CALGARY - Investigators say a man armed with a screwdriver who came at a Calgary police officer was shot four times and died in hospital.
The Alberta Serious Incident Response Team, which reviews all shootings involving police, is in the early stages of its investigation. The man was shot early Thursday morning after police tried to stop two stolen trucks.
Calgary police have already said the veteran officer, a member of the tactical team, chased a man into the backyard of a home. They say he was yelling threats and had a screwdriver in his hand when he approached the officer. That's when the officer fired his weapon.
"The tactical member discharged his service pistol which struck the male four times," ASIRT assistant director Roy Fitzpatrick told reporters Friday.
"The male was provided emergency medical attention by EMS and then he was transported to the hospital. Unfortunately he succumbed to his injuries."
Fitzpatrick said a screwdriver was recovered from the backyard and investigators are looking for any witnesses who saw or heard anything.
"Those are the people we want to talk to. We want to ensure, at the end of our investigation, the truth has been uncovered," said Fitzpatrick.
"We can get to that by talking to everybody who may have even ... a snippet of information that could provide us the dots that put this whole investigation together."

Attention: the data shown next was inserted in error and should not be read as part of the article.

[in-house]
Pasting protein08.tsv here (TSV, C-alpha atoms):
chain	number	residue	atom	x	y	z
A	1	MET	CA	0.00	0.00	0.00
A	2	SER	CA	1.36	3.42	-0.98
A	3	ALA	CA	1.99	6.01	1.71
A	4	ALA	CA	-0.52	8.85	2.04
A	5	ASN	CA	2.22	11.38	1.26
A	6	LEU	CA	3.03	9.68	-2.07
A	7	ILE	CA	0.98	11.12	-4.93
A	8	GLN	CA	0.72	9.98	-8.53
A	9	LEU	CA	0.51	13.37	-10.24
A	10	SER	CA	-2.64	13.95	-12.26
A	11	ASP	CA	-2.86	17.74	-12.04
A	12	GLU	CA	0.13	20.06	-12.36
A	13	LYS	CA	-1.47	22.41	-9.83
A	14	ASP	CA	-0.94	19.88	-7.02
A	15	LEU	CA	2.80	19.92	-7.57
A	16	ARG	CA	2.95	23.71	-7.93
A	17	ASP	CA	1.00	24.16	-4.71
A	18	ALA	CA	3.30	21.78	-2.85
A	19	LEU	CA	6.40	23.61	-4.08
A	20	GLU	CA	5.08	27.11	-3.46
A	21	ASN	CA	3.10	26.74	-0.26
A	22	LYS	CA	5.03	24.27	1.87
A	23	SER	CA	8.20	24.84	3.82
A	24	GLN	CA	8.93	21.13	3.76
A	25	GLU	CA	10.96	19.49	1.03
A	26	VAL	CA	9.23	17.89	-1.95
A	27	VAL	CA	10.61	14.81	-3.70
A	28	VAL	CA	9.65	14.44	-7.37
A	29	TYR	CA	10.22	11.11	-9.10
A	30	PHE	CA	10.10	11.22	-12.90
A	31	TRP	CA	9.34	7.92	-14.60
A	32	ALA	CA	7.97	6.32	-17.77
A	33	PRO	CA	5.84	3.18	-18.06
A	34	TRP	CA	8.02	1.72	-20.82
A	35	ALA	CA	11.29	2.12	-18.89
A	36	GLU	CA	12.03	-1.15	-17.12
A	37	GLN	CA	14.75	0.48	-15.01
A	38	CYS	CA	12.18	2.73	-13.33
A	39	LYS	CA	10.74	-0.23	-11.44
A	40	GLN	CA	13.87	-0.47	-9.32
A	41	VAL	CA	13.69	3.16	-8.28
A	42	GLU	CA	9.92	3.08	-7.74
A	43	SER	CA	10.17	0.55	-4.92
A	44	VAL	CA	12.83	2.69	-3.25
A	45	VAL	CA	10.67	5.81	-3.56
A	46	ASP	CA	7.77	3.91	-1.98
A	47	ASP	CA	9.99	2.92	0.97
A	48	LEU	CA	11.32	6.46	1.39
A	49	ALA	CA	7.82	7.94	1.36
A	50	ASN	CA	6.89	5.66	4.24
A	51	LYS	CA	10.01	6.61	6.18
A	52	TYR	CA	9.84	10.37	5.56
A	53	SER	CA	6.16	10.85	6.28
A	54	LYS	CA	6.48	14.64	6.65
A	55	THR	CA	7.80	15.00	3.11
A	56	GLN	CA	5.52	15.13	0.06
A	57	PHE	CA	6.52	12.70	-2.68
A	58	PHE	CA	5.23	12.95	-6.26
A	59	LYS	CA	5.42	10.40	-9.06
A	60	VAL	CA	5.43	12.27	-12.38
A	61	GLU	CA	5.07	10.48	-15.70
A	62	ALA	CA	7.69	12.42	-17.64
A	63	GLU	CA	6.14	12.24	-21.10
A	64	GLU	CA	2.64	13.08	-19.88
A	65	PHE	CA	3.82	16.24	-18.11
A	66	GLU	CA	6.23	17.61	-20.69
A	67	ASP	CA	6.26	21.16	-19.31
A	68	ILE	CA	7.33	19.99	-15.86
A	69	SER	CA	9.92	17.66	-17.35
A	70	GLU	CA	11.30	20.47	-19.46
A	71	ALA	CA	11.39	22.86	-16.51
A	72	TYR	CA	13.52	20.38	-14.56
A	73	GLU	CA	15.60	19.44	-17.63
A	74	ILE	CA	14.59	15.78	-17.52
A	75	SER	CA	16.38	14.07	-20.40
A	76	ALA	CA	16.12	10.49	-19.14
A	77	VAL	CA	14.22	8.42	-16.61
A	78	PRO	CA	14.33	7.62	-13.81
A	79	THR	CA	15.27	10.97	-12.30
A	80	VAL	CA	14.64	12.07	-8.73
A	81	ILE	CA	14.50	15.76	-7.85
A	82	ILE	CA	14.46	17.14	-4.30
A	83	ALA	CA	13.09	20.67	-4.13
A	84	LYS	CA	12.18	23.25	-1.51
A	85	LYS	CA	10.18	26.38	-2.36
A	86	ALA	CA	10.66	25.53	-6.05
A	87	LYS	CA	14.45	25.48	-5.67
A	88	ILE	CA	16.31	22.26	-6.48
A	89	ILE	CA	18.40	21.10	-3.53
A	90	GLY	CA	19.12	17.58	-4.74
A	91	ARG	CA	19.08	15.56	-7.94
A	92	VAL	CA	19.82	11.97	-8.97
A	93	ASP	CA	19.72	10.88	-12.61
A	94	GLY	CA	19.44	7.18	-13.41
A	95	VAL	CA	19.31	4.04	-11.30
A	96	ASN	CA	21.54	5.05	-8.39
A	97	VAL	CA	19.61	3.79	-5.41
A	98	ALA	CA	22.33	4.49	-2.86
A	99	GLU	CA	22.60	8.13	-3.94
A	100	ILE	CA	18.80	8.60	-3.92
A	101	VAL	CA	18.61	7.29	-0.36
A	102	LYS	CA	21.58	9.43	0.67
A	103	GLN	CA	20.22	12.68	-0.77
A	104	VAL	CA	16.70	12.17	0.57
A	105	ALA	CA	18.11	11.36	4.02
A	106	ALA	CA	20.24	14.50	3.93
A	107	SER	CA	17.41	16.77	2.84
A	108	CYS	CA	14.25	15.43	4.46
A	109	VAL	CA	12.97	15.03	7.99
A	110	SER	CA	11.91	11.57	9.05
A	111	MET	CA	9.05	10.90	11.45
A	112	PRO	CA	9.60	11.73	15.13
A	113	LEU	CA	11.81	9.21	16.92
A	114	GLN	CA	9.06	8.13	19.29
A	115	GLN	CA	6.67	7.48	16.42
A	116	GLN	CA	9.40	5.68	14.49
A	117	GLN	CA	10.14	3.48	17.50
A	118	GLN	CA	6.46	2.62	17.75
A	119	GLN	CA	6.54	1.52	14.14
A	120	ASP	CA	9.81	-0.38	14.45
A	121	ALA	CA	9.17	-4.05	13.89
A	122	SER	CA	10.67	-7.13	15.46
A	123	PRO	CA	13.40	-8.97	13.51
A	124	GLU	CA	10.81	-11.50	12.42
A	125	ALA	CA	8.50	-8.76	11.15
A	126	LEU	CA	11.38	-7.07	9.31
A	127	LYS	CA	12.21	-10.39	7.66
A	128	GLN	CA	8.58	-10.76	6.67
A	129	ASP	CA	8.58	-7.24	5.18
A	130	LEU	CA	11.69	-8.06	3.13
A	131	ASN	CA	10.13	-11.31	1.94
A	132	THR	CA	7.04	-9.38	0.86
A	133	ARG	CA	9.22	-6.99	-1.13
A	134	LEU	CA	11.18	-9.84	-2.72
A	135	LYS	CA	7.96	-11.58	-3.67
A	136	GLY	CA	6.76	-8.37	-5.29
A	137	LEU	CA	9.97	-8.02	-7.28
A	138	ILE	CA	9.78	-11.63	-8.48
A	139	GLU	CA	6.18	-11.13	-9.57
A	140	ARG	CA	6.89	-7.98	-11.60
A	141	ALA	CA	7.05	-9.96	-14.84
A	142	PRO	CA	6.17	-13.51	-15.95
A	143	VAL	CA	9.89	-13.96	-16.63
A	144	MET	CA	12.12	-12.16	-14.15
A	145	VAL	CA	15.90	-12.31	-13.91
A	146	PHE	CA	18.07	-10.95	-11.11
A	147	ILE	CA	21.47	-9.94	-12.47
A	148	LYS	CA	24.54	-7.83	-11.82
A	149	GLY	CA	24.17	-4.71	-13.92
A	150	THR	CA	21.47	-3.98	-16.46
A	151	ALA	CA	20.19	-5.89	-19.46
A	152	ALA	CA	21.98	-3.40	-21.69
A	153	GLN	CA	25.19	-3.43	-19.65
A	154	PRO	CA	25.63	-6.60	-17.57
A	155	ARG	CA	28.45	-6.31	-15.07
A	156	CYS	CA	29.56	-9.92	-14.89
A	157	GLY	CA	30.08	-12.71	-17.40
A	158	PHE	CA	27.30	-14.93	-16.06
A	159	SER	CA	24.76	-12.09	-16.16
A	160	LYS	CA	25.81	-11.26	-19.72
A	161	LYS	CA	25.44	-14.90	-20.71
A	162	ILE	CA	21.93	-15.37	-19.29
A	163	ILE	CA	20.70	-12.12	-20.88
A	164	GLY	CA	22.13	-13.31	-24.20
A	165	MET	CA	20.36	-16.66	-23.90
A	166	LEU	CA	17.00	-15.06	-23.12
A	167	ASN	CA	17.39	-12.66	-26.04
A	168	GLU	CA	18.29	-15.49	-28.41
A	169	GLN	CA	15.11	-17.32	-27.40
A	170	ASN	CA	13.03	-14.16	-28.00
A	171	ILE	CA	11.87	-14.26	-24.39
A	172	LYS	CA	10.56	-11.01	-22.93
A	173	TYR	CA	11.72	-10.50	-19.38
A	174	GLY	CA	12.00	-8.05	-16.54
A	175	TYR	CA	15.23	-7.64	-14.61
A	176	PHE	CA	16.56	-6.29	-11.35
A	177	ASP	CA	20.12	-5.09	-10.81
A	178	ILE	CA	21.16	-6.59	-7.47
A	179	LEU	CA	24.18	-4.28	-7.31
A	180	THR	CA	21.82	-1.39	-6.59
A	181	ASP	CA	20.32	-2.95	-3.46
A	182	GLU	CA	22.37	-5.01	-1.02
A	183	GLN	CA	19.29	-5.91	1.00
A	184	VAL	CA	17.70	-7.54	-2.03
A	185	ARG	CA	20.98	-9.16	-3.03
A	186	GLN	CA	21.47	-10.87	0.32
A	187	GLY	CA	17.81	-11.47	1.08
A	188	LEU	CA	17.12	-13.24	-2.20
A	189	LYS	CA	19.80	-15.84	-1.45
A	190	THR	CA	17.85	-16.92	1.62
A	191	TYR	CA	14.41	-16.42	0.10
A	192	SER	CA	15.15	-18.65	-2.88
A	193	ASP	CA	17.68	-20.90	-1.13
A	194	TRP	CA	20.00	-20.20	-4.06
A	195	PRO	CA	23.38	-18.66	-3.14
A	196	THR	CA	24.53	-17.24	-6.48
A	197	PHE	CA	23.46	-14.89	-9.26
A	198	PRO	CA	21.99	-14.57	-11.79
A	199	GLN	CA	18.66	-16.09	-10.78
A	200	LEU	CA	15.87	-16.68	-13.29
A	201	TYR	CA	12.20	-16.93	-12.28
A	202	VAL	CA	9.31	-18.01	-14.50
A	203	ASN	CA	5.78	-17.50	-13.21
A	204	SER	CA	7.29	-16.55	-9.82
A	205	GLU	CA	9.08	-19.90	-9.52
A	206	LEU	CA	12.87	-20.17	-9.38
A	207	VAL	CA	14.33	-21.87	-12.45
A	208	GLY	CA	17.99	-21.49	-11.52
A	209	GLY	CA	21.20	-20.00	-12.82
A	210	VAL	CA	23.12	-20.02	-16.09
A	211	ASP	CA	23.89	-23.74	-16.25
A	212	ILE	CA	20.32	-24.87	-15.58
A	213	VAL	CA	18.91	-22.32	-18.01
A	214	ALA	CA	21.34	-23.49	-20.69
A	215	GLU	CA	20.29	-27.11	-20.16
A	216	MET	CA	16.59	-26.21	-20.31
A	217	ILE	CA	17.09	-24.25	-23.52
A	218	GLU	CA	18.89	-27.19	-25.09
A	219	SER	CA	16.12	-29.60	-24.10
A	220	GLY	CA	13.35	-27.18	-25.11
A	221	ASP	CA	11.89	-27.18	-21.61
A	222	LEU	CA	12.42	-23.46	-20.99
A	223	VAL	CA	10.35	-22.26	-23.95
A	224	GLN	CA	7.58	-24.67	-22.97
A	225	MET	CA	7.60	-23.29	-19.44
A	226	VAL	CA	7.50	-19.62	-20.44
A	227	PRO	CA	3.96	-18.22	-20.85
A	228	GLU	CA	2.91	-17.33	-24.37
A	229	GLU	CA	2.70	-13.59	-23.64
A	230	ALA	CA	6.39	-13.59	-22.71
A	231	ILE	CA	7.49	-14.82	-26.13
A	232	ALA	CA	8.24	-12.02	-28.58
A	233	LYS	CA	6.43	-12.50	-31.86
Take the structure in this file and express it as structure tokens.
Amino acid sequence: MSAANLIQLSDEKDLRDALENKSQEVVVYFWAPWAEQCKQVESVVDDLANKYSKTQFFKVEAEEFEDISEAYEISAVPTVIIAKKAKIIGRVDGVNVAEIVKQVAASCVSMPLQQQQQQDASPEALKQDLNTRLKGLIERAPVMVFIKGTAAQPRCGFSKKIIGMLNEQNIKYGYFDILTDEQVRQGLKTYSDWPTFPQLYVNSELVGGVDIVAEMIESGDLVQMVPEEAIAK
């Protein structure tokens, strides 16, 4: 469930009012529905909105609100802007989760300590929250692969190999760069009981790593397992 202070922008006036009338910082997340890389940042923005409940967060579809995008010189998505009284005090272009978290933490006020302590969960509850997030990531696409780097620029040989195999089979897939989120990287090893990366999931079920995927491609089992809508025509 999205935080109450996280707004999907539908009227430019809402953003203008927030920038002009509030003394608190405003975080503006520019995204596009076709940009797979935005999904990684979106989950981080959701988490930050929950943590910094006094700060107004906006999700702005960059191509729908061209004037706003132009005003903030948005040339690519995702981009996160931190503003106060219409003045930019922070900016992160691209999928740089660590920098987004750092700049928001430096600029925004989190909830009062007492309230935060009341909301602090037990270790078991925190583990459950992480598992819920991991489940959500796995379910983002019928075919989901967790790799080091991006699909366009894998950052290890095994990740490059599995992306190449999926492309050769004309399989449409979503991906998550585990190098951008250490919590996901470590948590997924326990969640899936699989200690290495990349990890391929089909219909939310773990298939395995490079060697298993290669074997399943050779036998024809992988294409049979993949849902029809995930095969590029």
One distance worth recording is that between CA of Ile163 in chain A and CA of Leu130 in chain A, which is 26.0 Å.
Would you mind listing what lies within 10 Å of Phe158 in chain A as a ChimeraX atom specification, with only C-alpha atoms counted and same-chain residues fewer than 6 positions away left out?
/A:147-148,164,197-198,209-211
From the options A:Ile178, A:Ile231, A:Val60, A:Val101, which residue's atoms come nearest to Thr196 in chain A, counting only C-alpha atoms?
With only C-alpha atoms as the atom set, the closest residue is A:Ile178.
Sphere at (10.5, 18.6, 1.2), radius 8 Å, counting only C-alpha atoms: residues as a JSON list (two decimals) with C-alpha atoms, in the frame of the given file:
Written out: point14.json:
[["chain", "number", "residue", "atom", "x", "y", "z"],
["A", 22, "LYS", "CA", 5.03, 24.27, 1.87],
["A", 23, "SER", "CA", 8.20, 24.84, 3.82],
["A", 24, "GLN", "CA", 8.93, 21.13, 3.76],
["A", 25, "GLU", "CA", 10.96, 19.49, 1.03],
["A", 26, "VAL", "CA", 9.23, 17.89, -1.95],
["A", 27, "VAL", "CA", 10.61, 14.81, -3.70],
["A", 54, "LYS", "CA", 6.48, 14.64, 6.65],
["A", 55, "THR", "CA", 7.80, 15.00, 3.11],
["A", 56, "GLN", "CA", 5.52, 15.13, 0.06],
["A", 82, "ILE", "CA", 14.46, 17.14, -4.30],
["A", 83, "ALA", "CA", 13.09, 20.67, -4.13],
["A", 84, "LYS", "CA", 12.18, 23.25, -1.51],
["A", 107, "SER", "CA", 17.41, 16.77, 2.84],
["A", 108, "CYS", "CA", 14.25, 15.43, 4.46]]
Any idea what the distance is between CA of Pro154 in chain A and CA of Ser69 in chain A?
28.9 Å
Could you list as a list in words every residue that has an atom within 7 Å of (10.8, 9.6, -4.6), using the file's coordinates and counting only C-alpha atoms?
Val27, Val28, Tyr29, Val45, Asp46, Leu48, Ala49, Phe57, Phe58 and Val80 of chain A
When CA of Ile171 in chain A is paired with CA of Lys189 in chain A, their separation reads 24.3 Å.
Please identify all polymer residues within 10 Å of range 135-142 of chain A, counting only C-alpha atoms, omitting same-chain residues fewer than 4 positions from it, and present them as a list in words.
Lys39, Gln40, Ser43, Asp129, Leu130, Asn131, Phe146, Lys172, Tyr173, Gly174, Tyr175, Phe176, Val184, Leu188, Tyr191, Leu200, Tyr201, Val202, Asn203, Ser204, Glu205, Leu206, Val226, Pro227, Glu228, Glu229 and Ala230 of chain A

The dead man has been identified as Jonathan Rawlings.
The 36-year-old had at least one previous run-in with the law. He had been arrested on a Canada-wide warrant for 10 drug and weapons charges last September.
A 2008 Winnipeg inquest into a similar shooting heard that police officers across the country are taught to use a weapon that is more powerful than the one held by a suspect in order to gain quick control of the situation.
The hearing was examining the 2005 death of Matthew Dumas, an 18-year-old who witnesses said was shot dead when he lunged at police with a screwdriver.
"A screwdriver is an edge weapon," testified Cpl. Greg Gillis, an RCMP expert on the use of force. "It is appropriate for (an officer) to manage that threat with his service pistol.
"We tell people that armed persons should not get within 25 feet."
Fitzpatrick said the investigation will look at the entire police operation, including the shooting, the stopping of the two stolen trucks and the arrest and injury of another man who was subdued with the use of a police dog and a rubber round from an anti-riot weapon.
Calgary's police chief came out in support of his officer on Thursday, saying he reviewed the shooting and is satisfied the officer acted appropriately.
Fitzpatrick said he would like to see ASIRT's probe wrapped up sooner than later.
"For each investigation it depends on how many pieces of the puzzle we need to put together. We want to make sure this is thorough and we have not left anything not looked at," he said.
"A lot of things are outside our control."
Note to readers: This is a corrected story. An earlier version said the Dumas inquest was held this year.